Arrangements for Reciprocal Enforcement of Commercial Judgments Between Mainland China and Hong Kong

For a long time, businesses in Mainland China and Hong Kong have proceeded on the belief that judgments obtained in the courts of Hong Kong are unenforceable on the Mainland and vice versa.

Up to now, no laws or treaties existed that permitted courts in Mainland China to recognize and enforce Hong Kong judgments. Similarly, although Mainland judgments may be enforced in Hong Kong through common law, the Hong Kong courts have been reluctant to recognize Mainland judgments because of the perceived lack of finality of these judgments. As a result, litigants have long been aware that Mainland and Hong Kong judgments have little bite on assets located on the other side of the border. This is about to change.

On July 14, 2006, the Supreme People’s Court of the People’s Republic of China and the Secretary of Justice of the Hong Kong Special Administrative Region (HKSAR) signed an agreement to put in place an arrangement for the reciprocal recognition and enforcement of judgments in civil and commercial matters by the courts of the Mainland and the HKSAR (“the Arrangement”).

Under the Arrangement, when a designated court in Mainland China or Hong Kong has made a final judgment requiring the payment of money in a civil or commercial case pursuant to a choice of court agreement in a commercial contract, any party concerned may apply to the People’s Court of the Mainland or a court in Hong Kong for recognition and enforcement of the judgment.

The Arrangement is likely to have significant consequences for anyone doing business in Mainland China and Hong Kong, especially those who have assets in these countries. Judgment creditors will soon be free to enforce judgments that meet the requirements of the Arrangement against assets located in either Mainland China or Hong Kong. Judgment debtors, on the other hand, will no longer be able to shield their assets from cross-border judgments.

When the Arrangement is implemented, Hong Kong will be the first common law jurisdiction in the world whose court judgments are recognized on the Mainland and vice versa.   

In this Commentary, we discuss the features and limitations of the Arrangement.

Choice of Court Clause

One of the key features of the Arrangement is that it applies only to judgments that have been rendered pursuant “to an agreement in writing in which a court of the Mainland or a court of the HKSAR is expressly designated as the court to have sole jurisdiction for resolving the dispute concerned.” (This concept is in line with the Hague Convention on Choice of Court Agreements.) Parties wishing to rely on the Arrangement must therefore ensure that such a choice of court clause exists in their commercial contracts. 

A choice of court agreement in writing may exist in one or several documents in written form.

Only Money Judgments    

The Arrangement covers only judgments requiring the payment of money in a commercial contract dispute. This includes damages that have been quantified.  

The Arrangement excludes disputes concerning employment contracts, consumer contracts, and family and noncommercial matters.  Equitable relief such as injunctions and orders for specific performance are also excluded.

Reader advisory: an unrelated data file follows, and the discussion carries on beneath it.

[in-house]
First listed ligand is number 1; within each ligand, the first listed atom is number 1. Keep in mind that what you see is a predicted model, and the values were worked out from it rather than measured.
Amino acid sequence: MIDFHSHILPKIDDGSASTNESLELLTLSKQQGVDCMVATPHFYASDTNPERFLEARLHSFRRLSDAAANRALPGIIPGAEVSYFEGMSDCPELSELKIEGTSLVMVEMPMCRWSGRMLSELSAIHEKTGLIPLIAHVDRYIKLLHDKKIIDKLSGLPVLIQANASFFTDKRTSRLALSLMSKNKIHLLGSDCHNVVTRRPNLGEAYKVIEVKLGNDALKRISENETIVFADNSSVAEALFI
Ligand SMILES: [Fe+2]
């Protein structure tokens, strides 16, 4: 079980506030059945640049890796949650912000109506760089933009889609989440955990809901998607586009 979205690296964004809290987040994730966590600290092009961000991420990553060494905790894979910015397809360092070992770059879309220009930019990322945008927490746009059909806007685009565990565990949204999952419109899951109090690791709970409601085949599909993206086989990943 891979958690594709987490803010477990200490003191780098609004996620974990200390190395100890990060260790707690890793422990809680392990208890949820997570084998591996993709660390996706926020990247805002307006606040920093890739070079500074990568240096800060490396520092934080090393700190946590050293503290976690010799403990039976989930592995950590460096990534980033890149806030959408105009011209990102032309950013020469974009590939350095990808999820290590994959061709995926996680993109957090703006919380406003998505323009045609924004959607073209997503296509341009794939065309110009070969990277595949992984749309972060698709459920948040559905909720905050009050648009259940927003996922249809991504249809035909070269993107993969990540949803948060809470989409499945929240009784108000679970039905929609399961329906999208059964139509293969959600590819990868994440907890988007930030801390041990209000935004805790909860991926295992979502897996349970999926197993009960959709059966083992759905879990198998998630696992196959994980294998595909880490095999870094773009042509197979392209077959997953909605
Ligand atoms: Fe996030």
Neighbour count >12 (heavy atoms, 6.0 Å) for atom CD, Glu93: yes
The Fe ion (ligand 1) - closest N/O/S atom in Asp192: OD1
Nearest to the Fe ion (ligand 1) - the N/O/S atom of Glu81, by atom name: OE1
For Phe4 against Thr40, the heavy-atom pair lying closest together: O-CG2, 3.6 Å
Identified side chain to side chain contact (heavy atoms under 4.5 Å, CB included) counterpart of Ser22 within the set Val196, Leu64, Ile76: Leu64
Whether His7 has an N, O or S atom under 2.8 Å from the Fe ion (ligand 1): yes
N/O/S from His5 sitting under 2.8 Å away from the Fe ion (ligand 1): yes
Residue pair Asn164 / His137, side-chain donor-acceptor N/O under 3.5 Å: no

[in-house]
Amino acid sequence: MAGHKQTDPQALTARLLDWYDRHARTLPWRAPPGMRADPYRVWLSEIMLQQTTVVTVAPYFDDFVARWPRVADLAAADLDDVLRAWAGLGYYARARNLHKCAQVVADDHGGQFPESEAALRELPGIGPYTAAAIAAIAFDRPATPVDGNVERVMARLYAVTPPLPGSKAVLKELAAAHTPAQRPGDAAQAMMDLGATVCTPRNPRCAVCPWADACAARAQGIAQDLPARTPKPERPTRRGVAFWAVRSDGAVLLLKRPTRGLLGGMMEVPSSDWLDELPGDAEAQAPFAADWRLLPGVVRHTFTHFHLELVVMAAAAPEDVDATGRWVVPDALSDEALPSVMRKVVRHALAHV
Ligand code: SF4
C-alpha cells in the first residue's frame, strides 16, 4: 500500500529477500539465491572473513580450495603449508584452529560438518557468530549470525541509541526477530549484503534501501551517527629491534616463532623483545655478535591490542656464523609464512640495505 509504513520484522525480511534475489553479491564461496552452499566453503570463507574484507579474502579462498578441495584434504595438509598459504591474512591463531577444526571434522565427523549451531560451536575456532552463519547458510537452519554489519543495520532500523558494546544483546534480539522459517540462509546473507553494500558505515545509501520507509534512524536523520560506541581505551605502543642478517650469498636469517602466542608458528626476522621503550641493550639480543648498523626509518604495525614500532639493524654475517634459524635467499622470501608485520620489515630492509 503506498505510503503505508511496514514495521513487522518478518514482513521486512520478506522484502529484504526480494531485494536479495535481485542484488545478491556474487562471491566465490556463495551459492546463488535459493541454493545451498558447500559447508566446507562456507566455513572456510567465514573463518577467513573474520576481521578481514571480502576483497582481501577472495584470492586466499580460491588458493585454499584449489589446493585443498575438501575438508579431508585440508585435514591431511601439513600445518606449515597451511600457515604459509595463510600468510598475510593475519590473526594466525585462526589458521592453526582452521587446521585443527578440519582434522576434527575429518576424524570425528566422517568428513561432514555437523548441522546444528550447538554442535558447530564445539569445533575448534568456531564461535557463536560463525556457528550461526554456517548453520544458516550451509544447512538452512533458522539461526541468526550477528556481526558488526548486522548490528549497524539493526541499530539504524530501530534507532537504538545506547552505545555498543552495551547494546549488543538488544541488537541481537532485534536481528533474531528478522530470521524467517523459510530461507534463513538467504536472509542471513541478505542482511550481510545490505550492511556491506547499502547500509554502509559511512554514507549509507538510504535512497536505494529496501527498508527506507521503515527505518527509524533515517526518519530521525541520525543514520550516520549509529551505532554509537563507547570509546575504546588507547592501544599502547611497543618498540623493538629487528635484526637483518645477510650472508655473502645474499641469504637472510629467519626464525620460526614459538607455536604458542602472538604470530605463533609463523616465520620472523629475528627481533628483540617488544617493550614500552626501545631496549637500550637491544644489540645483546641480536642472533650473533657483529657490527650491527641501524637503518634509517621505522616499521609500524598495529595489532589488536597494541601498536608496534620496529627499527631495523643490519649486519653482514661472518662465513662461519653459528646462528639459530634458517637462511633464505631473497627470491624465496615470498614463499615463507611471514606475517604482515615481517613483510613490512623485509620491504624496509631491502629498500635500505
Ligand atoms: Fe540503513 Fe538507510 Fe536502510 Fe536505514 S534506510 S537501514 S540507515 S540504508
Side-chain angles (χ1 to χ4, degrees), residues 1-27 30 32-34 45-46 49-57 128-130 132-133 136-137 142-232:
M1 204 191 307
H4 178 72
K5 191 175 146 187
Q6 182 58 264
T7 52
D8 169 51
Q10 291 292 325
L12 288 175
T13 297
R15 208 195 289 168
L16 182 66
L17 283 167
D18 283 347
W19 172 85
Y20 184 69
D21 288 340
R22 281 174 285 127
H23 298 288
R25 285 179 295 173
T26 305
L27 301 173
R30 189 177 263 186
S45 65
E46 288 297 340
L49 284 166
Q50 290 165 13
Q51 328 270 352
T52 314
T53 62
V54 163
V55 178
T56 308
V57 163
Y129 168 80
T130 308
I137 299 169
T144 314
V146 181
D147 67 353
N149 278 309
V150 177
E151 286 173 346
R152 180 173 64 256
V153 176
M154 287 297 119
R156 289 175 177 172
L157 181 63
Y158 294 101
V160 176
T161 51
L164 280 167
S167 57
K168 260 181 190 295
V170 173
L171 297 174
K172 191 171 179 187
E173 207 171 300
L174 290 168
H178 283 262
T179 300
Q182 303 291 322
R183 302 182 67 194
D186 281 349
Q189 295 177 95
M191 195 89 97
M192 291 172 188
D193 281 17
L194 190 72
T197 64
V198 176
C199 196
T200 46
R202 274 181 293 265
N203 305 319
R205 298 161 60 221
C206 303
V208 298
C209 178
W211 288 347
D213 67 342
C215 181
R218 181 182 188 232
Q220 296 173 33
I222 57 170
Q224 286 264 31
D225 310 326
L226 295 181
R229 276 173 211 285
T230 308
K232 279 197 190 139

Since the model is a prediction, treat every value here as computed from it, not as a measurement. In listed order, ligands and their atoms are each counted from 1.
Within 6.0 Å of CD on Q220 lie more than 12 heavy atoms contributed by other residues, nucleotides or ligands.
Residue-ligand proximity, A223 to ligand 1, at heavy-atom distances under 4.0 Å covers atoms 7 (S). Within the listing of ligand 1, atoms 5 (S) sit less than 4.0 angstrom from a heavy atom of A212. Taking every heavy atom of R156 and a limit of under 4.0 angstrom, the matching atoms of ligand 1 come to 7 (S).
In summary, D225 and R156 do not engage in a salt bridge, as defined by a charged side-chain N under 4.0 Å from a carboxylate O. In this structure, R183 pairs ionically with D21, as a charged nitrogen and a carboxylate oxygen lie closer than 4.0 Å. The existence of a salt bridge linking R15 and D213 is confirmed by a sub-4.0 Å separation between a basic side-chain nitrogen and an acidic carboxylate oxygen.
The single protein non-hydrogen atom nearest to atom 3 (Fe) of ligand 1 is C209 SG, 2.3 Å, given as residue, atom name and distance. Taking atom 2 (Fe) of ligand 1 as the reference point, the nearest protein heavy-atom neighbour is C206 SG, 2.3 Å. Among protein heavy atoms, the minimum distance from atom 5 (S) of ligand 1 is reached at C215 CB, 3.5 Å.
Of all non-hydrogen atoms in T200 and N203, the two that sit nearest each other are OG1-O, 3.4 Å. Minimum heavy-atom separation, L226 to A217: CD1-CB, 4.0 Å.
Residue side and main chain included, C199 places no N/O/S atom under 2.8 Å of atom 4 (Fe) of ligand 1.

Levels of Court

In the case of Hong Kong judgments, the Arrangement applies only to those given by the District Court or above.

As for the Mainland, the Arrangement covers judgments given by the Intermediate People’s Courts and above as well as certain judgments of Basic People’s Courts that have been authorized to adjudicate foreign civil and commercial cases.  The authorized Basic People’s Courts are specifically identified in the Arrangement.

Finality of Judgments

For many years, one of the main impediments to the finalization of the Arrangement was the difficulty in ascertaining whether a Mainland judgment was final. Under Hong Kong’s common law, a judgment is enforceable only if it is “final and conclusive.” A judgment was not “final and conclusive” if it could be varied by the original trial court. However, the trial supervision system of the Mainland allows judgments to be opened by the original trial court on very broad grounds, raising doubts as to the finality of such judgments. Indeed, in a number of cases, the Hong Kong courts have refused to enforce Mainland judgments on these grounds.

The Arrangement will put in place special procedures to address the common law requirements of finality. Under the Arrangement, when an application to enforce a Mainland court judgment has been made in Hong Kong and the trial supervision procedure for retrial is subsequently invoked on the Mainland, the case can be brought up for retrial only in a higher court. This ensures that the lower court will not have the opportunity to vary or abrogate the very judgment of which enforcement is sought. 

Under the Arrangement, the courts of Hong Kong will be able to suspend enforcement if a retrial is underway. Similarly, Mainland courts may also suspend enforcement if a Hong Kong judgment is on appeal.

Place of Enforcement

In Hong Kong, an application for recognition and enforcement of a judgment meeting the requirements of the Arrangement must be made to the High Court of the HKSAR.